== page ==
Special Diet Cat Food
June 9, 2010 9:57 AM   Subscribe

Is there somewhere online where I can compare the nutritional value of cat foods? Something similar to the "Nutritional Information" label on packaged human foods?

I have a cat with the earliest stages of kidney disease, which I'm told can be managed through diet alone for now. He is eating k/d canned food and Medi-Cal Maturity, as prescribed by the vet, but I'm looking for alternatives for a couple of reasons. 1) It's difficult to get to a vet's office as they all seem to close early (i.e. at the same time I finish work) and not be centrally located in my city. 2) The first ingredient of the Medi-cal is "animal by-products" which doesn't exactly say, 'wholesome, meaty goodness' to me.

I looked on the websites for some of the other foods in pet stores, but I cannot find any detailed "Nutritional Information" for them to compare against the k/d. I'm wondering if there is a review or consumer information site somewhere that compares food this way, to see if there's something appropriate available in a pet store. It doesn't necessarily have to be cheap - I just want to be able to buy it on a Sunday, or at 8 pm on a Tuesday.
posted by Kurichina to Pets & Animals (8 answers total) 6 users marked this as a favorite
Best answer: These may not be quite as detailed as you need because they are related to diabetic cats' nutritional needs and not kidney disease needs, but may be a starting point:
Janet & Binky's Dry Food Page
Janet & Binky's Canned Food Page 1
Janet & Binky's Canned Food Page "New"

These are all for US foods and I see you're in Canada, but I imagine most of the brands are the same/similar. There is also a non-US page with just a couple of Canadian and other international brands.
posted by dayintoday at 10:28 AM on June 9, 2010

You can buy veterinary diets online as well.
posted by crankylex at 11:01 AM on June 9, 2010

Here's a a page the lists a number of different feline CRF diet foods, with links to their nutritional content where available.

Since CRF diets tend not to taste very good, it's useful to have alternatives. When my old cat had chronic renal failure, my vet carried only one brand of CRF foods, which my cat absolutely refused to eat. I had to find the names of different diets online, and then call all over town to find a vet that would sell me the ones my own vet didn't happen to carry (this was before you could buy cat food online).
posted by Ery at 11:13 AM on June 9, 2010

This isn't exactly what you asked, but I hope it might be helpful nonetheless. I was told by my dog trainer at PetSmart that their store organizes dog food by nutritional value. I believe the more nutritious the food is, the closer it is to the front of the store. You might try browsing their shelves. (I would also not be surprised to hear that other stores do this, as well - I think my local Chow Hound does.)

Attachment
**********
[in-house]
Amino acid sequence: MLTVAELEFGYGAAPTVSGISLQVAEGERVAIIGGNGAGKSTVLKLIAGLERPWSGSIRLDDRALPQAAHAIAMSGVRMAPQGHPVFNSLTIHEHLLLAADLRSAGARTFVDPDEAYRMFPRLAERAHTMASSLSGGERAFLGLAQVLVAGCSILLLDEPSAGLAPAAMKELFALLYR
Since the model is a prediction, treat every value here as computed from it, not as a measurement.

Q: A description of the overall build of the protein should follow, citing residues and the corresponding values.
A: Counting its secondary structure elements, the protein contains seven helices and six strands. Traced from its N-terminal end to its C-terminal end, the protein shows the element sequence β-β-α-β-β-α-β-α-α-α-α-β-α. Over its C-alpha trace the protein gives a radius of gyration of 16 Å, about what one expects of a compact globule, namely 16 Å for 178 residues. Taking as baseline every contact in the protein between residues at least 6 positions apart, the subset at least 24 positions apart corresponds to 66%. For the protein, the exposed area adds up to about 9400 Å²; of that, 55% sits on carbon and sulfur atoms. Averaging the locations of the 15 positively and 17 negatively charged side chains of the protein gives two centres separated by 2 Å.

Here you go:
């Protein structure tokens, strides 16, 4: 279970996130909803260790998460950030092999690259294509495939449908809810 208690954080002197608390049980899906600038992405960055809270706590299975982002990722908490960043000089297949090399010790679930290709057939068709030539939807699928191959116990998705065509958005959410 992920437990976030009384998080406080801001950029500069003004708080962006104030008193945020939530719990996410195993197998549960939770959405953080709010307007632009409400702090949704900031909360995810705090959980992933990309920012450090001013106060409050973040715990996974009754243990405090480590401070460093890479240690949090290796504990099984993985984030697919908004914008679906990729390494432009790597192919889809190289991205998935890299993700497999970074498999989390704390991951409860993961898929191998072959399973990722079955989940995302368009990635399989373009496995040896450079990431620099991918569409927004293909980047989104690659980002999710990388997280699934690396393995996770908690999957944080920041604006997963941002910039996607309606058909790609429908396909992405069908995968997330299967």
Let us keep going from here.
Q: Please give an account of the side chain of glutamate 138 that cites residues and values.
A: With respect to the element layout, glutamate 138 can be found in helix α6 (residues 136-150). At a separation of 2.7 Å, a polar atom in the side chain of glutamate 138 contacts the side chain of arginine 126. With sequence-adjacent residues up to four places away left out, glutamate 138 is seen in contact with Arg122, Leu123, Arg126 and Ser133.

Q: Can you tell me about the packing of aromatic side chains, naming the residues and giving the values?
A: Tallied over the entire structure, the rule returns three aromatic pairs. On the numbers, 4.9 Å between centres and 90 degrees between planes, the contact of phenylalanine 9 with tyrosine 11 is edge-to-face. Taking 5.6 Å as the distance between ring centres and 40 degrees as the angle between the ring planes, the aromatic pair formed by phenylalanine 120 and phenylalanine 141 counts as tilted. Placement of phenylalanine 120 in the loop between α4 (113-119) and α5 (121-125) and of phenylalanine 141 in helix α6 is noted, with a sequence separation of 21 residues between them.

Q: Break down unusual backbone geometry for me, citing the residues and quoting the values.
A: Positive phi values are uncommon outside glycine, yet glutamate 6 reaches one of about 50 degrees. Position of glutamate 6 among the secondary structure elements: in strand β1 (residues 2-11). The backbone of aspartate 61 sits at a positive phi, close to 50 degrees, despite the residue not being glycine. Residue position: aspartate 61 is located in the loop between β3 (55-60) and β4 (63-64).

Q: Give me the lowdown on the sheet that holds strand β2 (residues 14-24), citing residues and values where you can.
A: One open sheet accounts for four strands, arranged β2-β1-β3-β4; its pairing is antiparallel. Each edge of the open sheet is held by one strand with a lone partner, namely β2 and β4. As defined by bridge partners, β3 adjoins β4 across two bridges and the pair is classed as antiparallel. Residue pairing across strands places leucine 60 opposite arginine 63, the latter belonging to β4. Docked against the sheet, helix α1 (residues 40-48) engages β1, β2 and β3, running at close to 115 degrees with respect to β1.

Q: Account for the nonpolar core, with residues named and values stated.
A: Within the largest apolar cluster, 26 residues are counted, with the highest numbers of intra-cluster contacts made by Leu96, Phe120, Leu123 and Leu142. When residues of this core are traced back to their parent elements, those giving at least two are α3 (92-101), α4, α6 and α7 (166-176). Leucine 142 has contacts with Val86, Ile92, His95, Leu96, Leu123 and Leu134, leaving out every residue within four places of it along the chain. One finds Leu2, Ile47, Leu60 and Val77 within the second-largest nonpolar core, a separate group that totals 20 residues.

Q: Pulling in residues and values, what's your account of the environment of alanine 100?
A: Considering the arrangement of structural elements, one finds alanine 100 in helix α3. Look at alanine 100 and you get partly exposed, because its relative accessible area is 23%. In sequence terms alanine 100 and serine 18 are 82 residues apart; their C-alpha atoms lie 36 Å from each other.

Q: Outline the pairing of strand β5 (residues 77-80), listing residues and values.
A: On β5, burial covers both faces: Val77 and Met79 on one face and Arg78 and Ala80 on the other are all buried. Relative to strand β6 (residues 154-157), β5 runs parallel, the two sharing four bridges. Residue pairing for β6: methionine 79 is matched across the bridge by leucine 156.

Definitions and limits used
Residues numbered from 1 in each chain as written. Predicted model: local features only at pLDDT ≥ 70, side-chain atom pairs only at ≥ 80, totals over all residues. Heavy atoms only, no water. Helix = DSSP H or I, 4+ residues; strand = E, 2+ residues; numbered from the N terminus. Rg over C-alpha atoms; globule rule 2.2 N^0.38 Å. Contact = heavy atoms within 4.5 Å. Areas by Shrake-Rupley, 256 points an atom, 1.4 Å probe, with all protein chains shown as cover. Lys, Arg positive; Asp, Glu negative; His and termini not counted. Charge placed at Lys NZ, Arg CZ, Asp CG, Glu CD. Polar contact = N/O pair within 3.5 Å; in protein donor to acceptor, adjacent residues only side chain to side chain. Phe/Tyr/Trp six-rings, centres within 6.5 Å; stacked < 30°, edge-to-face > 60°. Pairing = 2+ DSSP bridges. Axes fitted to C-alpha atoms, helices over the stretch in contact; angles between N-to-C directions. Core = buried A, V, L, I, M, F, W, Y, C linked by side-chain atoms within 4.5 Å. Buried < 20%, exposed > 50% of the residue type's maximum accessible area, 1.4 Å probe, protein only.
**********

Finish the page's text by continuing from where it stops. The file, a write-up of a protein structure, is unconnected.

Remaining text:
posted by rikhei at 2:52 PM on June 9, 2010

As an owner of a dog with health issues, I would suggest joining a forum or a Yahoo Group about kitty kidney disease and reading their files/messages about nutrition - even homemade crock pot and freeze food.

I've been told by numerous forum members that the Prescription Diet just isn't worth the price.

And buy your food at independent pet stores. IME Petco/smart knows NOTHING about nutrition.
posted by k8t at 8:37 AM on June 10, 2010

In the states, Banfield and Petsmart have an agreement so that you can buy prescription foods during Petsmart hours. Since I had to go to a specialist, Banfield begrudgingly wrote me a prescription card.

You might be able to find the same sort of arrangement somewhere in Edmonton.
posted by politikitty at 1:05 PM on June 10, 2010

In case you missed this comment you might want to consider switching to an all wet food diet. Dry food requires that your cat drink more to hydrate it for digestion. Your cat's kidneys then have to work harder to get rid of the extra water. YMMV but my 3 cats took to the all canned diet without any problem.

Also, you can have your vet call or fax your prescription to Banfield. I felt kind of crappy about doing it though since the vet makes money from selling the food and I'd rather support a local vet than Petco/smart.
posted by irisclara at 7:54 PM on June 13, 2010

Response by poster: Thanks for all the responses. Just to clarify, I am asking about different kinds of canned food (all 3 eat canned, except for a reserve of dry food for when I'm away and need something easier for the cat-sitters). From what I gather from dayintoday's links, I'm looking for low phosphorus and 30% protein, which doesn't seem available from non-veternary sources. :-(

I looked into buying online, but those places seem to require a presciption, which would mean making an appointment at the vets (again), which is even more limited hours than their general opening hours.

I'm considering seeing if I can get taurine and other supplements instead and making my own wet food diet, if Tommy will eat it.
posted by Kurichina at 7:44 AM on June 14, 2010

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